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if a = -11 and b = 3 then what is a div b and a mod b

Discrete Math
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yes mod

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Other answers:

mod is 2
idk what div is.
By div, do you mean quotient?
...why are you asking me?
Hmm... mod is 1.
becoz i m not getting ur question :(
\[\large \rm 3 \cdot (-4) + \underbrace{1}_{\large modulus} = -11\]
and what does -11/3, -11|3| mean @jiteshmeghwal9 ?
and why is @bahrom7893 wrong @ParthKohli ?
Depends on your question...\[\large \rm a ~div~b=a\div b?\]
@lgbasallote How is the modulus 2? Can you show so?
again...why are you asking me?
Then,\[\rm \large -11~div~3 ={-11 \over 3} = -3{2 \over 3}\]
Parth... i thought modulus was a remainder when a is divided by b. That's what it means in programming.
it is...
Yes, that's what...
\[\Huge{\frac{-11}{2}=a \div b}\] accrding to ur question . but i'm not getting what do u mean by \(\Large{a\space mod\space b}\). @lgbasallote
oh it's -11.. shoot i got my mod wrong
so then...?
A mod B is A%B, or the remainder when A is divided by B
mod is modulo @jiteshmeghwal9
@jiteshmeghwal9 a mod b is the remainder when a is divided by b. Yep.
ohh ok !
Mod is -2
i agree..
question is... why is @ParthKohli saying something different...
@bahrom7893 now prove that -2 mod 3 is equivalent to 1 mod 3.
lol parth i have no clue how to prove that.
but it must be hahah
Dude -2 mod 3 = 1 1 mod 3 = 1 So they are equivalent.
-2 mod 3 is -2...
\[\Huge{-1 \times \frac{11}{3} \approx -3.67}\]
\[\rm \large -3 \cdot 1+\underbrace1_{modulus} =-2\]
According to definition, actually, modulus is 'c' in the following: n = a x b + c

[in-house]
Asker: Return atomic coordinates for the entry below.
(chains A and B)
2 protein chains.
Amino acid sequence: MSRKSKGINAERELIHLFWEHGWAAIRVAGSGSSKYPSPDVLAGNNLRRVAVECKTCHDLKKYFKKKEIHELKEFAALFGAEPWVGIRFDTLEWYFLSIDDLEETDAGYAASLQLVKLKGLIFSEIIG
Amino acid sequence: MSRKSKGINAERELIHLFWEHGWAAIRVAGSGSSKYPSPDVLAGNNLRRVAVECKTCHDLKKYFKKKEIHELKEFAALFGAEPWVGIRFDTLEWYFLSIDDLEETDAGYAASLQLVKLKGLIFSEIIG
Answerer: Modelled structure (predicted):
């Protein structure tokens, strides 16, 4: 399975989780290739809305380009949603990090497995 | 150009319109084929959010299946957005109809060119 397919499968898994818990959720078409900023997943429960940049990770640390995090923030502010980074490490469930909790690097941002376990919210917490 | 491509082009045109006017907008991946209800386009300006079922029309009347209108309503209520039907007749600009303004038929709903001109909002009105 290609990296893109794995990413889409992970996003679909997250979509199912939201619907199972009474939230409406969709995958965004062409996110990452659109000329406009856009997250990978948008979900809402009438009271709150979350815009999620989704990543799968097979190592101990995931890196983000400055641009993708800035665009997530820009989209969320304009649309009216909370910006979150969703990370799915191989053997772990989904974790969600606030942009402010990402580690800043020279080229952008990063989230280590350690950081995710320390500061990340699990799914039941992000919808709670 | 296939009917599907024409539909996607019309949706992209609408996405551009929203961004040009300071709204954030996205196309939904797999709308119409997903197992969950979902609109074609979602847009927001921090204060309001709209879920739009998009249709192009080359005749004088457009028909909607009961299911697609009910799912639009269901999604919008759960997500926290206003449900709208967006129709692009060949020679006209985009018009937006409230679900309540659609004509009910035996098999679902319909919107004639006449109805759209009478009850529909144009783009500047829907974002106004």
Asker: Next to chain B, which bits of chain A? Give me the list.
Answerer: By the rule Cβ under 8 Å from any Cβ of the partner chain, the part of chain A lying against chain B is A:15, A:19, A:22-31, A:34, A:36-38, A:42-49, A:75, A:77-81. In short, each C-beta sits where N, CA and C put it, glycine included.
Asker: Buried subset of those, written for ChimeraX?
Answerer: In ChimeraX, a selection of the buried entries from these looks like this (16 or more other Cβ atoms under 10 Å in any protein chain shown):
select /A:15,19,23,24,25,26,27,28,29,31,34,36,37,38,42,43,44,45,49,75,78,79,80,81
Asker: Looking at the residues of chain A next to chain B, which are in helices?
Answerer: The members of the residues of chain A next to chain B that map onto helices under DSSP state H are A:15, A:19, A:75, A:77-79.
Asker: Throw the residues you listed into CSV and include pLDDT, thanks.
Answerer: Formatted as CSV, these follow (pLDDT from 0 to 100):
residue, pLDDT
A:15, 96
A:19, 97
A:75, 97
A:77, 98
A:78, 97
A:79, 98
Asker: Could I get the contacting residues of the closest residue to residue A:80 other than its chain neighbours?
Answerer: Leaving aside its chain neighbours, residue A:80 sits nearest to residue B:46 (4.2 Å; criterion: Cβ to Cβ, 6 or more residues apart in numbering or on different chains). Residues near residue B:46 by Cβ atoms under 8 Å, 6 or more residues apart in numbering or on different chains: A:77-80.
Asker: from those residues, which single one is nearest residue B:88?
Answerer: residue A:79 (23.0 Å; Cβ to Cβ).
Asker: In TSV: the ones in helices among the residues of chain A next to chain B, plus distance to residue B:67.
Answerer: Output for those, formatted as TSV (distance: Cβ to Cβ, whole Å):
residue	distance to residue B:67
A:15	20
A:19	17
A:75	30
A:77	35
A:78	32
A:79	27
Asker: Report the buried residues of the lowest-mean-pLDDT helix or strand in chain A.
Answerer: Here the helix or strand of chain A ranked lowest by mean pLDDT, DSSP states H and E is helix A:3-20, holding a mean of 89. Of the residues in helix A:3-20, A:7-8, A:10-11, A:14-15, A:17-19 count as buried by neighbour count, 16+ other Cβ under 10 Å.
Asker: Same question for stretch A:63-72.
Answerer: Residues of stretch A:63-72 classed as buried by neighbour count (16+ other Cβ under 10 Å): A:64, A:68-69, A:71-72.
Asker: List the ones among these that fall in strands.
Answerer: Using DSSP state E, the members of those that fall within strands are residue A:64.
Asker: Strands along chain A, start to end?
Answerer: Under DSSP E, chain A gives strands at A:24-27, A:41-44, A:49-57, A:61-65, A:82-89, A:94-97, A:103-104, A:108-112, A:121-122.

since when did -2 divided by 3 become have to teach me some arithmetic master
Do you know the Euclidean Algorithm?
of course
do you?
Use the Euclidean Algorithm then.
a variation of Euclidean Algorithm actually...
euclidian algorithm is used for finding gcf....
If this is true:\[\large \rm a\cdot b +c=n\]Then this is true:\[\rm \large n~mod~a=c\]Where \(\rm b\) is an integer.
The above is the actual definition of modulus.
b is n/a
And that definition does satisfy the following:\[\rm \large 3\cdot(-1)+1 = -2\]Therefore\[-2\mod 3=1\]
compare the above with the definition:\[\rm \large a = 3\]\[\large \rm b = -1\]\[\rm \large c = 1 = -2mod3\]
And\[\rm \large n = -2\]
how is b = -1?
\[\rm \large 3\cdot(-1) + 1 = -2\]\[\rm \large a\cdot b +c=n \]
you're not really telling me're just circling around
lol I am... I just proved you that \(\rm \large (-2) mod3 = 1\)
you just have -2 mod 3 = ? show me how you get that to be 1
I just did...
you didn't really prove...because you just assumed a value of b and c and equated them
That's the definition of modulus, dude.
show me a solution that tells me -2 mod 3 is 1
you have two can't use the definition
I'd show you all of it in one post.
The definition is as follows:- If this is true, a * b + c = n Then this is also true, n mod a = c Now, this is true: 3 * (-1) + 1 = -2 Then, this is ought to be true: -2 mod 3 = 1
Would you like it with hearts and smileys? Oh, also see that b is an integer.
but the question you refuse to answer is... how do you get those values???
What values?
1and can't pull them out of nowhere
Do you think that my answer works according to the definition? Oh, and you have to try and test in the Euclidean Algorithm too.
i'm not asking about the definition! i'm asking about your numbers
Oh, and you have to try and test in the Euclidean Algorithm too.
i can also say 3*(-2) + 4 = -2 so i can say -2 mod 3 is 4
so you're wrong by *my* answer
-2 mod 3 should be 4 not 1
Yes, it's also 4.
no it isn't
-2 mod 3 is 1
That's the fun of modular arithmetic: you have -2 mod 3 = 1,4,7,10...
Yes. Would you like a machine to answer it for you?
try wolfram
you'll see it's 1 can just watch more khanacademy videos....
1 Attachment You may have a look.
And remember, there's no equality in modulus... there's congruence.\[\rm \large a \mod b \equiv c\]
you don't really get what my question you....
Though I have to admit, I forgot the above too...
-11 mod 3
\[\rm \large 3\cdot(-4)+1 = -11 \]Right?
\[-11\mod3\equiv 1\]But also...
\[\rm \large 3\cdot(-5) + 4 = -11\]
So we can say that\[\rm \Huge -11\mod3 \equiv1+3k\]where k is an integer.
You're welcome. @lgbasallote
that was *not* what i was asking
You're welcome anyway. I'm glad I could be of help.
i already know everything you were saying (you just overcomplicated everything by circling around) one was able to answer my question actually... i'll just wait for the big boys to go online...then i can ask them...
Sorry, if it was modulo, then it's just the remainder.

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